I am grateful to CARRA for providing the opportunity to participate in this year’s Eureka Utrecht Virtual School for Translational Medicine: Essential skills for impactful research beyond COVID-19. The course aimed to highlight the intrinsic difficulties of effective translational medicine. The week consisted of didactic lectures, virtual round table discussions as well as group work completing a case study. The various teaching styles, as well as eclectic research backgrounds of the participants (MDs, PhDs, MSc, teachers, pharma employees etc) allowed for a more effective learning experience. Not only was the course informative, but its interactive design resulted in great networking and peer-mentoring opportunities.
The invited speakers were passionate and inspiring. Pat Furlong’s perseverance is incredibly motivating. If you have not heard her story, I encourage you to read “Mother Courage” in the New Yorker. Detailed lectures regarding intellectual property and regulation of clinical trial research were enlightening. I also found it helpful to hear successful senior scientists simplify their approach to problems.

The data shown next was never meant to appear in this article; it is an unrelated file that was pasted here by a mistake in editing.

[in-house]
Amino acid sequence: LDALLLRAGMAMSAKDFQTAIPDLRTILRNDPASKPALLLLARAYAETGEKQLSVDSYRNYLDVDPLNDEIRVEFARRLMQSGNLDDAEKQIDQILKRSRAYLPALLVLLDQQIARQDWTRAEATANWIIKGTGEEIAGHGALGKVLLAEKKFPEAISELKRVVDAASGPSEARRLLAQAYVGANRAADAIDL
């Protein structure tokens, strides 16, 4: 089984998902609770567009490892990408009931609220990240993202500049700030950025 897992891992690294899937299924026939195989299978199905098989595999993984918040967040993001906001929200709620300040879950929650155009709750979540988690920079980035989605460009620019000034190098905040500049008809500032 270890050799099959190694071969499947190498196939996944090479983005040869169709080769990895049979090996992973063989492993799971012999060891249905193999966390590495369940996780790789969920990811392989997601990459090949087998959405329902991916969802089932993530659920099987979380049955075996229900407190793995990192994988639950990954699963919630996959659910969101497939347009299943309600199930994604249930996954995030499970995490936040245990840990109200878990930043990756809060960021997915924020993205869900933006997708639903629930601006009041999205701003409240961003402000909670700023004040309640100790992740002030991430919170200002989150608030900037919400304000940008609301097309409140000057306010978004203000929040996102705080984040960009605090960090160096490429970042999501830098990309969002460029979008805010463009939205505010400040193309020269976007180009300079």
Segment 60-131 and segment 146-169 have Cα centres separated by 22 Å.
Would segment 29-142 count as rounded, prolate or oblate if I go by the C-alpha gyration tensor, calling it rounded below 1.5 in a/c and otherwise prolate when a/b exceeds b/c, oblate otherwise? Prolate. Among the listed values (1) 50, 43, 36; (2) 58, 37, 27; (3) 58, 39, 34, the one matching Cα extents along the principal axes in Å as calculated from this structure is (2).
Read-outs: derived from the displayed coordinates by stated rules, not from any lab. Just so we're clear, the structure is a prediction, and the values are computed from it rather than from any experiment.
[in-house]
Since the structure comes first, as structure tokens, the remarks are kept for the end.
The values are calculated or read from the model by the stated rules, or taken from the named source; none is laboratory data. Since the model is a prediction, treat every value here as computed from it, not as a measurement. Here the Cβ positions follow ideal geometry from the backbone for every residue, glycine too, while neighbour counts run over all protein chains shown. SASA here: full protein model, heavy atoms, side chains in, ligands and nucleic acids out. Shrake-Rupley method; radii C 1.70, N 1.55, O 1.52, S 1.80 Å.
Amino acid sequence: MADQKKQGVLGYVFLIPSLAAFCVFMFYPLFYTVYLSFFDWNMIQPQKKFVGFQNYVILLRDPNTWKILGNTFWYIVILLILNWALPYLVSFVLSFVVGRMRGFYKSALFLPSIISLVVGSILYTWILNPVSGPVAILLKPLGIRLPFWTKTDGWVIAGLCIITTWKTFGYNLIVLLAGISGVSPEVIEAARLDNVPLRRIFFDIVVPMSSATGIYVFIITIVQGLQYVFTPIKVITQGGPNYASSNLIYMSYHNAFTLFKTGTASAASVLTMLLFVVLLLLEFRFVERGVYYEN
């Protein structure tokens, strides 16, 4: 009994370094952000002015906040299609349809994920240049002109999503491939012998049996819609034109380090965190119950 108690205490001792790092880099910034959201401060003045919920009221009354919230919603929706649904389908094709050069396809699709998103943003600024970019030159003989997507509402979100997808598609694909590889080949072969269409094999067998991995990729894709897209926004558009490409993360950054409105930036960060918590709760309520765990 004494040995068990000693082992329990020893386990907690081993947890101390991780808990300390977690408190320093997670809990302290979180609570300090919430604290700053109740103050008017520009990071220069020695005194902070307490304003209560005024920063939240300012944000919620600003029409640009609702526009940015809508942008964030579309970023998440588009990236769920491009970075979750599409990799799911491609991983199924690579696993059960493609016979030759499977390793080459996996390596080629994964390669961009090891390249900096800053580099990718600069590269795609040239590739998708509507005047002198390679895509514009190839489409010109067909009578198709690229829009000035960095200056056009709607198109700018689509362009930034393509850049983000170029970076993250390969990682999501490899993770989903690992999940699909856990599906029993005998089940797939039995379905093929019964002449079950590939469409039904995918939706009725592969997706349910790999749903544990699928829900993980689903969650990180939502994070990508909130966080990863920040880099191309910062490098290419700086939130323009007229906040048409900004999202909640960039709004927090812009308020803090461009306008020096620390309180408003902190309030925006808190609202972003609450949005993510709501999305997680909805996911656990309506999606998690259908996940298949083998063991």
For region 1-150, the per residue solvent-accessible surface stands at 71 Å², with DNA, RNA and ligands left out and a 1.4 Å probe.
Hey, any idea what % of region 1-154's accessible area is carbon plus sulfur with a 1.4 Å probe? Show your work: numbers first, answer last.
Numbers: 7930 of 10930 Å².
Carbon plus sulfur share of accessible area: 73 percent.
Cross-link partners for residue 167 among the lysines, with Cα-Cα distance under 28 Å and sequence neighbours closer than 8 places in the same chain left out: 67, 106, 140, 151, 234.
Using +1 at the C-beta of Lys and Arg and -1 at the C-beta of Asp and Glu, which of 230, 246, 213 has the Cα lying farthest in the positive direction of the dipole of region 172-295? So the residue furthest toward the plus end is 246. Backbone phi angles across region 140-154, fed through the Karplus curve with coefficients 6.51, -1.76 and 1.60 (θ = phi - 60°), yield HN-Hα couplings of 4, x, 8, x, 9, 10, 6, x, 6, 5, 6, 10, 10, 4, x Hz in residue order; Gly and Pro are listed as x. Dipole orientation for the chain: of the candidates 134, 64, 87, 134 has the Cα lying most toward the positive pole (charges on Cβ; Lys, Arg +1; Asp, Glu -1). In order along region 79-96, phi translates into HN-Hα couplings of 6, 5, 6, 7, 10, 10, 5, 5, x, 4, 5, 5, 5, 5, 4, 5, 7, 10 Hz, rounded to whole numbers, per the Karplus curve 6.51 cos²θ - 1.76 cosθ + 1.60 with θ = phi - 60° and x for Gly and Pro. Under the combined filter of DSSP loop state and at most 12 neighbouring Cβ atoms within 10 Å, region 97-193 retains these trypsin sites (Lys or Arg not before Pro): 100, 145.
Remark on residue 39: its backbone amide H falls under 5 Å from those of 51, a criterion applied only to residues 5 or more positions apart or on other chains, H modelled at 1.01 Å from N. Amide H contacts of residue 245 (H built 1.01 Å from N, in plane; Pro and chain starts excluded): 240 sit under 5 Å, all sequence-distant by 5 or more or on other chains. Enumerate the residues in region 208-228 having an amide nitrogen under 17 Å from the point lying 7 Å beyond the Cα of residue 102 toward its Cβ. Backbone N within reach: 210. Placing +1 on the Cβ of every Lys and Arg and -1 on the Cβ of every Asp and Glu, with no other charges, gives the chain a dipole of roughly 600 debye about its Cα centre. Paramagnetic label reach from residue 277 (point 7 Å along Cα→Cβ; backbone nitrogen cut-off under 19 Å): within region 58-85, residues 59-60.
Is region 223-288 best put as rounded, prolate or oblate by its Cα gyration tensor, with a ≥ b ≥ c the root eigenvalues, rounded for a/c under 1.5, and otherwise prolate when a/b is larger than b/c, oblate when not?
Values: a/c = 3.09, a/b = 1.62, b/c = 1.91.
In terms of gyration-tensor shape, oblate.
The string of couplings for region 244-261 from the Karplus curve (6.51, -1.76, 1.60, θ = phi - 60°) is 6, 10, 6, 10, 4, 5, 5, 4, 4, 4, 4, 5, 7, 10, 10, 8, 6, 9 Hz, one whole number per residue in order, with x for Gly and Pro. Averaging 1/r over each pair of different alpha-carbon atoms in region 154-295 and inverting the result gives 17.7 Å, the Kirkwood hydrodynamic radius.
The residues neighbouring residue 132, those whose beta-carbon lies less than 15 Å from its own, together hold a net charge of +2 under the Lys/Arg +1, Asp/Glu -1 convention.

Although the course was incredibly informative, summarizing what was learned is difficult. The course challenged participates to improve essential skills in research that are not typically taught: collaboration, critical thinking, problem solving and communication. The week was inspiring while taxing as the lecturers challenged participates to approach problems from a different perspective. By the end of the week, I found myself taking more time asking questions pertaining to the question itself. In doing so, other issues were accentuated, eventually strengthening my answer. I hope to apply this mode of thinking to my research and future collaboration with colleagues I met during the course.
I encourage all CARRA trainees/early investigators interested in translational medicine to attend.